MAYAVASE Research Material
Carved pebble Stela 7 cache, Copan, Honduras Early Classic period, A.D. 400600 Jade 20 x 12 x 4 cm Courtesy of the Museum of the American Indian, Heye Foundation, New York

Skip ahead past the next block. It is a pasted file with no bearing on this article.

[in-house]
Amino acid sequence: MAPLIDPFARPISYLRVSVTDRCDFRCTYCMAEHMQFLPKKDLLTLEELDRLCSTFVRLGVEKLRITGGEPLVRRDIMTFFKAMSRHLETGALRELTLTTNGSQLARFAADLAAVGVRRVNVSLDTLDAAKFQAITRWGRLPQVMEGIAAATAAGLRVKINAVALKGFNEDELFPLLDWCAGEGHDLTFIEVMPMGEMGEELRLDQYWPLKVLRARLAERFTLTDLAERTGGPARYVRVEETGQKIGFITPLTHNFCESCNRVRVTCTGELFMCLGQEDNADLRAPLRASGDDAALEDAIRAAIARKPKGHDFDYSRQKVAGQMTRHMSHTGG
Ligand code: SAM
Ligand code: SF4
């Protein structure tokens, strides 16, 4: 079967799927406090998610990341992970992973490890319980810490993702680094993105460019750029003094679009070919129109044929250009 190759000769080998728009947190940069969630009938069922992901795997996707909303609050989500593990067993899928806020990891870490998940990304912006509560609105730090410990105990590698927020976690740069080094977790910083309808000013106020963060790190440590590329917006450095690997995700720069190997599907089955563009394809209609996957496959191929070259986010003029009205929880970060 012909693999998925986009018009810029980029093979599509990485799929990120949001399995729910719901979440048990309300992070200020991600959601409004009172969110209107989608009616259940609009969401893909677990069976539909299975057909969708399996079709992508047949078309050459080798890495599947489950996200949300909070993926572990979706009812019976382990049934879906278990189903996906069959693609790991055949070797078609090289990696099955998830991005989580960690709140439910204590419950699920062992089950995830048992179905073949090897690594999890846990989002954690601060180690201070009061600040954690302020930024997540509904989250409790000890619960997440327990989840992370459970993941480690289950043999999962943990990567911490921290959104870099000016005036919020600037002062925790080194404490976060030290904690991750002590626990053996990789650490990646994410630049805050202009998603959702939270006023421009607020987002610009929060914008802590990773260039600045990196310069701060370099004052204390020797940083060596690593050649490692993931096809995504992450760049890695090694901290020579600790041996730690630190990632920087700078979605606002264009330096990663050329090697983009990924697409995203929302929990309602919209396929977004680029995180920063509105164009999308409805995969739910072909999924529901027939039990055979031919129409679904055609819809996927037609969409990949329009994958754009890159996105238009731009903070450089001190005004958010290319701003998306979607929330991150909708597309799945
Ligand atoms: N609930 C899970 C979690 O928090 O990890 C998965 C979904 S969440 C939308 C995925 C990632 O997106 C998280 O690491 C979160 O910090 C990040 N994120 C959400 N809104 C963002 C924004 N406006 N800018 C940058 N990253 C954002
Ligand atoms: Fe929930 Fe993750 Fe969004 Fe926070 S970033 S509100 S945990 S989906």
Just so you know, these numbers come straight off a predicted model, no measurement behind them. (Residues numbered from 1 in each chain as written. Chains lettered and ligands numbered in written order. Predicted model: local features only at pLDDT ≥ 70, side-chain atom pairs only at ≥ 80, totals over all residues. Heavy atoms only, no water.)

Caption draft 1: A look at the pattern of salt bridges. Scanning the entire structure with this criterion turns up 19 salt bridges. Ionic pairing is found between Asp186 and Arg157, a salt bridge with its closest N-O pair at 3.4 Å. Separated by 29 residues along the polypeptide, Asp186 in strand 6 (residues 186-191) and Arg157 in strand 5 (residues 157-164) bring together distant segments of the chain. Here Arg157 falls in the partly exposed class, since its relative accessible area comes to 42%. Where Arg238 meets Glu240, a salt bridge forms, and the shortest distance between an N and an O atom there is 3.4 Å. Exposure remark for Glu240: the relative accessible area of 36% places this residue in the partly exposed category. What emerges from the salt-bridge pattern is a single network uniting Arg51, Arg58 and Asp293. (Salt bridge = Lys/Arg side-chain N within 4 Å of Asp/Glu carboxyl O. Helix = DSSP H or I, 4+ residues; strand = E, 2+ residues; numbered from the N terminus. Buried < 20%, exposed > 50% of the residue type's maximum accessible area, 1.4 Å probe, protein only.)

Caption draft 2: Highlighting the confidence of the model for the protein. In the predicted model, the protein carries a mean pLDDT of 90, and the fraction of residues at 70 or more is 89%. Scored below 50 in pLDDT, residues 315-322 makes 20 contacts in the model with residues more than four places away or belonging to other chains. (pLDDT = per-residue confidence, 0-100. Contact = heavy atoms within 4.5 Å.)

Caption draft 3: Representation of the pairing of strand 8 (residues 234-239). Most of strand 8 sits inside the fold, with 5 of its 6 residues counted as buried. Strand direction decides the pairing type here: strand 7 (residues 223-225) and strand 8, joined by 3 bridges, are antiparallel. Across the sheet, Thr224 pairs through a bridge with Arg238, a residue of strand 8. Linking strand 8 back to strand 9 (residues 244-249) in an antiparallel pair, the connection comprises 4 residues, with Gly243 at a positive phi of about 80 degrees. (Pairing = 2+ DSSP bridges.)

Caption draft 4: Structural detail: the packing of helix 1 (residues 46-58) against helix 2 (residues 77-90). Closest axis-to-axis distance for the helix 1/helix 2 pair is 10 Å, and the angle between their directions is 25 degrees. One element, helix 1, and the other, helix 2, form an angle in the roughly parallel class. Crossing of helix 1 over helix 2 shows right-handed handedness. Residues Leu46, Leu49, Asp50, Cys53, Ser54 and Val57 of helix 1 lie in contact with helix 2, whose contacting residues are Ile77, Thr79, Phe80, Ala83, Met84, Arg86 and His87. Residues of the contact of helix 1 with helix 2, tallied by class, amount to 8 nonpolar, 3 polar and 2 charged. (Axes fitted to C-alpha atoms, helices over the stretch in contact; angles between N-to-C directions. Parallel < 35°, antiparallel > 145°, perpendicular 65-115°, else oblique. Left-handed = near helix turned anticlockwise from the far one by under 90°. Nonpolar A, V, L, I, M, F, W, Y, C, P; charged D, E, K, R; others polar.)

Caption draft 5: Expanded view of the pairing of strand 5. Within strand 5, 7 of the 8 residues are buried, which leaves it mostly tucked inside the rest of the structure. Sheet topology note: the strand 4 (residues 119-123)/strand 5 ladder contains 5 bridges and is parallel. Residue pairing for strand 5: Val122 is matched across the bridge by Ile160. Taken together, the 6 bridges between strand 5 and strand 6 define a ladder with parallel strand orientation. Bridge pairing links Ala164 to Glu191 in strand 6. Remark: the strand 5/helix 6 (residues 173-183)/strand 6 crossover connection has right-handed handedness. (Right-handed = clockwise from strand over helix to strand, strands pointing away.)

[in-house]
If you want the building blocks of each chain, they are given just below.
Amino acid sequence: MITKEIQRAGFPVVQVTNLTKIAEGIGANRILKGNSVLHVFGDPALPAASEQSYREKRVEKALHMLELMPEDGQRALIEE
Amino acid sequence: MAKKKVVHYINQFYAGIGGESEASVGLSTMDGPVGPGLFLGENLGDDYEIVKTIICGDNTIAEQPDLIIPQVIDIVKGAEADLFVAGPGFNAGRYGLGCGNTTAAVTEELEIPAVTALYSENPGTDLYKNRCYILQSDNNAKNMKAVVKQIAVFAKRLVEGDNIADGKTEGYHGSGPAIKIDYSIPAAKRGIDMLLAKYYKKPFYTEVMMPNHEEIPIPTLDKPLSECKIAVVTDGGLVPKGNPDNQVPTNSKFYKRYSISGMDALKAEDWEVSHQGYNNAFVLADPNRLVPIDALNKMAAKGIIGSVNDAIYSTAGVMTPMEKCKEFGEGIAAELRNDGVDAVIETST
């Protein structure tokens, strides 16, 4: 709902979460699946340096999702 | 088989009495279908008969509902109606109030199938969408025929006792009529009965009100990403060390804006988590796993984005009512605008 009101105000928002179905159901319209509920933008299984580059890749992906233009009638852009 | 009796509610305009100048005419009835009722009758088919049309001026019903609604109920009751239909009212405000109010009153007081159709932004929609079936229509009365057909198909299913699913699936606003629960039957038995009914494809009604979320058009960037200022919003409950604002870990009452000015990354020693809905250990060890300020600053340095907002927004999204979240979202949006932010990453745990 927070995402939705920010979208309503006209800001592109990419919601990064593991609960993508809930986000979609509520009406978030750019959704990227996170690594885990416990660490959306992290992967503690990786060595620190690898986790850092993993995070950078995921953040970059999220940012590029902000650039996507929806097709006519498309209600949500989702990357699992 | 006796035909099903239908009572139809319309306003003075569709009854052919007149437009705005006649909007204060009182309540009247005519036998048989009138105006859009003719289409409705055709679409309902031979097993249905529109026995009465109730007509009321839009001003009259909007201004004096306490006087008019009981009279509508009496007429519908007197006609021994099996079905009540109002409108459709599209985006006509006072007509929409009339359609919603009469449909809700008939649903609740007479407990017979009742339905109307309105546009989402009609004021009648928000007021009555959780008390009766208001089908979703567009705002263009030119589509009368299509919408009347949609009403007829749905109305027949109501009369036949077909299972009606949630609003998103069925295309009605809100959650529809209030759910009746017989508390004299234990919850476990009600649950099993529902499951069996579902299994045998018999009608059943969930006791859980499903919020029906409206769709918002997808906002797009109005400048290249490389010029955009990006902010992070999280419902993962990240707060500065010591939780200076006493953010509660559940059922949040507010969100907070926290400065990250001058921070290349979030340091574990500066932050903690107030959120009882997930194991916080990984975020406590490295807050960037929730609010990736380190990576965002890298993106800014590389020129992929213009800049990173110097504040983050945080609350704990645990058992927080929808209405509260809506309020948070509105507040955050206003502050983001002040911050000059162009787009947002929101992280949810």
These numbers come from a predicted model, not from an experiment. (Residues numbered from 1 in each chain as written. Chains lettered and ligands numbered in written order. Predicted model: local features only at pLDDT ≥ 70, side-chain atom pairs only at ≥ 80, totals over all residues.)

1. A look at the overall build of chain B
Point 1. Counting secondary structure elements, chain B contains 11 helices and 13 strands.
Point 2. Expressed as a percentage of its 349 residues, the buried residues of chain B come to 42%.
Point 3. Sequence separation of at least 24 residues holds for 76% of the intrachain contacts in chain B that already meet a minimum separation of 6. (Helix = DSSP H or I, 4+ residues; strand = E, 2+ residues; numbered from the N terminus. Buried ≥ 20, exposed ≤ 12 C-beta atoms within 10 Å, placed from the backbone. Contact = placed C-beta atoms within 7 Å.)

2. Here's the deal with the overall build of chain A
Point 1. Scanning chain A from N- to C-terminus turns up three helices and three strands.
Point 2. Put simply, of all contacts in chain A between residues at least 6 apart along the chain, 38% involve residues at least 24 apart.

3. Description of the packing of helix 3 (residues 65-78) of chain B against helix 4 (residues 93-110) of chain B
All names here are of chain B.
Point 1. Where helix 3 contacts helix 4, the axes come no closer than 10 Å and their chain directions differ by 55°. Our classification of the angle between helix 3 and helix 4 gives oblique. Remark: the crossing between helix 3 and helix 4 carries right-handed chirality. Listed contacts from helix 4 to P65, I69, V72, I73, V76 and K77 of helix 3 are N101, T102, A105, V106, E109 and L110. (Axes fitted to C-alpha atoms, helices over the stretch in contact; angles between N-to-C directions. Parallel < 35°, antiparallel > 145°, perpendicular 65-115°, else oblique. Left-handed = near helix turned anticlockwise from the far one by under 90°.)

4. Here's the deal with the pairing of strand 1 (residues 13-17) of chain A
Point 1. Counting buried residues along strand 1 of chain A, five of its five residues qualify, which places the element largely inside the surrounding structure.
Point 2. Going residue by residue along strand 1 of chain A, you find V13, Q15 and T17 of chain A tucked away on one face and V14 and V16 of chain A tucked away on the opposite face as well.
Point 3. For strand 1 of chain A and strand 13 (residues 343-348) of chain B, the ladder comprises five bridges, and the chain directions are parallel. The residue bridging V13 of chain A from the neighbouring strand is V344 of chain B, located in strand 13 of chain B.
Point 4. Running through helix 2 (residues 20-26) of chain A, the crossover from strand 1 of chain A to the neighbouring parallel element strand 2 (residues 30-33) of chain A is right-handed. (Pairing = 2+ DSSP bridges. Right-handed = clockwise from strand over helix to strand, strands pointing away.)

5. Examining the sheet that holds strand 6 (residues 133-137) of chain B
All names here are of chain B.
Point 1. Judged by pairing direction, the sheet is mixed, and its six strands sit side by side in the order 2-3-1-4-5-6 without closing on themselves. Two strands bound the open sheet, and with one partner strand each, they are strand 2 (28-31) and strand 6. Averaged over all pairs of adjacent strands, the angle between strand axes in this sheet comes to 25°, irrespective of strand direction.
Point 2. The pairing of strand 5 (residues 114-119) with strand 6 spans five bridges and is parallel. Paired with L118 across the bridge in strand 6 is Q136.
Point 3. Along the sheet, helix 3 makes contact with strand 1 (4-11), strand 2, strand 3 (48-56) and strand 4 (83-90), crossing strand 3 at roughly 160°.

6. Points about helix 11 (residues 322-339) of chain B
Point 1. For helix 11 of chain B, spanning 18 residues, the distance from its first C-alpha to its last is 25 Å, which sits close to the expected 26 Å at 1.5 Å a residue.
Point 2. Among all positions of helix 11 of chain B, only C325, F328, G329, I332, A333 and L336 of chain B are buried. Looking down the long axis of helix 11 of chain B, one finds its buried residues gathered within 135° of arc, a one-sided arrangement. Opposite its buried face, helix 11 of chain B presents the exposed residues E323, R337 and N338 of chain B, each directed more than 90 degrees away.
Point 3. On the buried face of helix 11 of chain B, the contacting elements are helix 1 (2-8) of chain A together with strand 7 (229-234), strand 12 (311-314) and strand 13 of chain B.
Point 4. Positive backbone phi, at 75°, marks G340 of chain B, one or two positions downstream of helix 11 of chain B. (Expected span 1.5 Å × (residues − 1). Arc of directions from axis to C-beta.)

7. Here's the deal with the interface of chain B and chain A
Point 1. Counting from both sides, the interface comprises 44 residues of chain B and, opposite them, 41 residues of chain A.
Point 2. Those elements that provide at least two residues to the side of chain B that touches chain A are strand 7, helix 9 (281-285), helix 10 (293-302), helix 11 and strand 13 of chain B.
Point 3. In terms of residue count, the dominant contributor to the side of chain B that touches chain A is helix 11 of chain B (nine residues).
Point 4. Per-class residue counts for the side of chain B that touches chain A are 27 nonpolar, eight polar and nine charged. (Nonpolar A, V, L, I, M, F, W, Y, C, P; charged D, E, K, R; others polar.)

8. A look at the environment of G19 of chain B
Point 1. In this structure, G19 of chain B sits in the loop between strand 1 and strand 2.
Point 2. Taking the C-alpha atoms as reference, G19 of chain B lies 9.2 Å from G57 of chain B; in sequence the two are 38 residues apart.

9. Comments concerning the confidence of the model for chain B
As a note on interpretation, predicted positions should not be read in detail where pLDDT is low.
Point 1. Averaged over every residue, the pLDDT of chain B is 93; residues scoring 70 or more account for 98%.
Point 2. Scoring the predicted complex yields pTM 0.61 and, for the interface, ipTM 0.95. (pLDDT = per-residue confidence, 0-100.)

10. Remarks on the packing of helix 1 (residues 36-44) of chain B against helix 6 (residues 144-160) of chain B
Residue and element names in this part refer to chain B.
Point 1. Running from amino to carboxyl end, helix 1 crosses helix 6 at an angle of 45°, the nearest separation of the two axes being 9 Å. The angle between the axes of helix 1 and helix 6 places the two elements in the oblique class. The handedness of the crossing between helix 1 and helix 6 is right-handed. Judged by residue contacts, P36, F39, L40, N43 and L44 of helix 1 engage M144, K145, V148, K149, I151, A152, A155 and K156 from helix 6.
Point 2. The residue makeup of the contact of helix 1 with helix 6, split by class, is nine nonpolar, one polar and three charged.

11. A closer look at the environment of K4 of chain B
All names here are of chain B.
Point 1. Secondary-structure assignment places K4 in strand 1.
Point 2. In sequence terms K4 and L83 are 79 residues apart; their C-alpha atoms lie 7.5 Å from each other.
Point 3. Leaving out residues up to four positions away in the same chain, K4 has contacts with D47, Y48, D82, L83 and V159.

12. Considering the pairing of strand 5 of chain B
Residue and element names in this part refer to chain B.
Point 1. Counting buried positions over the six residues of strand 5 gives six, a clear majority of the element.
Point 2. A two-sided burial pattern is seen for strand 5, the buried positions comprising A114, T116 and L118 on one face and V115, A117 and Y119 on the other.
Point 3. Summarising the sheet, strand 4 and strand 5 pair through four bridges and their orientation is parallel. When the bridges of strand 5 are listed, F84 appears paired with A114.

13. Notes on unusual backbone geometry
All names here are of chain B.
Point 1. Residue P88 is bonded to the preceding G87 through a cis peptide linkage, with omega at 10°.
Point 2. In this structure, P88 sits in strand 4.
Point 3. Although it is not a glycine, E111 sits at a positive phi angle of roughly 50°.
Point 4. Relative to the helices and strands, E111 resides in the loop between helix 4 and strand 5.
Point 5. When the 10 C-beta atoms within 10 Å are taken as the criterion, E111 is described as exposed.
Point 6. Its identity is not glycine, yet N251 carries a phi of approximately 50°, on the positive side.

The carving style of this jade does not rank with the best examples of Early Classic art, but the image is a powerful representation of a Maya king. Leaving the water worn stone untouched on the rear, the artist teased the front view figure from the natural curves of the jade pebble. The king's earflares are suspended from his ears, rather than from headdress flanges, and above his squarecut bangs, he wears a headband marked by the glyph cab "earth." Double scrolls, perhaps referring to smoke, blood, or foliation, emerge from the cab sign, and a knot with side ribbons sits atop it. His ankles, wrists and waist are decorated by simple bead strands. A disk and cylinder pendants hang from the waist strand, and he wears a shell pectoral on a bead necklace. He holds his hands in the regal pose usually reserved for holding the Serpent Bar, but instead he holds an odd crosshatched object with four pointed shapes suspended below and flame like scrolls rising above, that is presumed to be a scepter.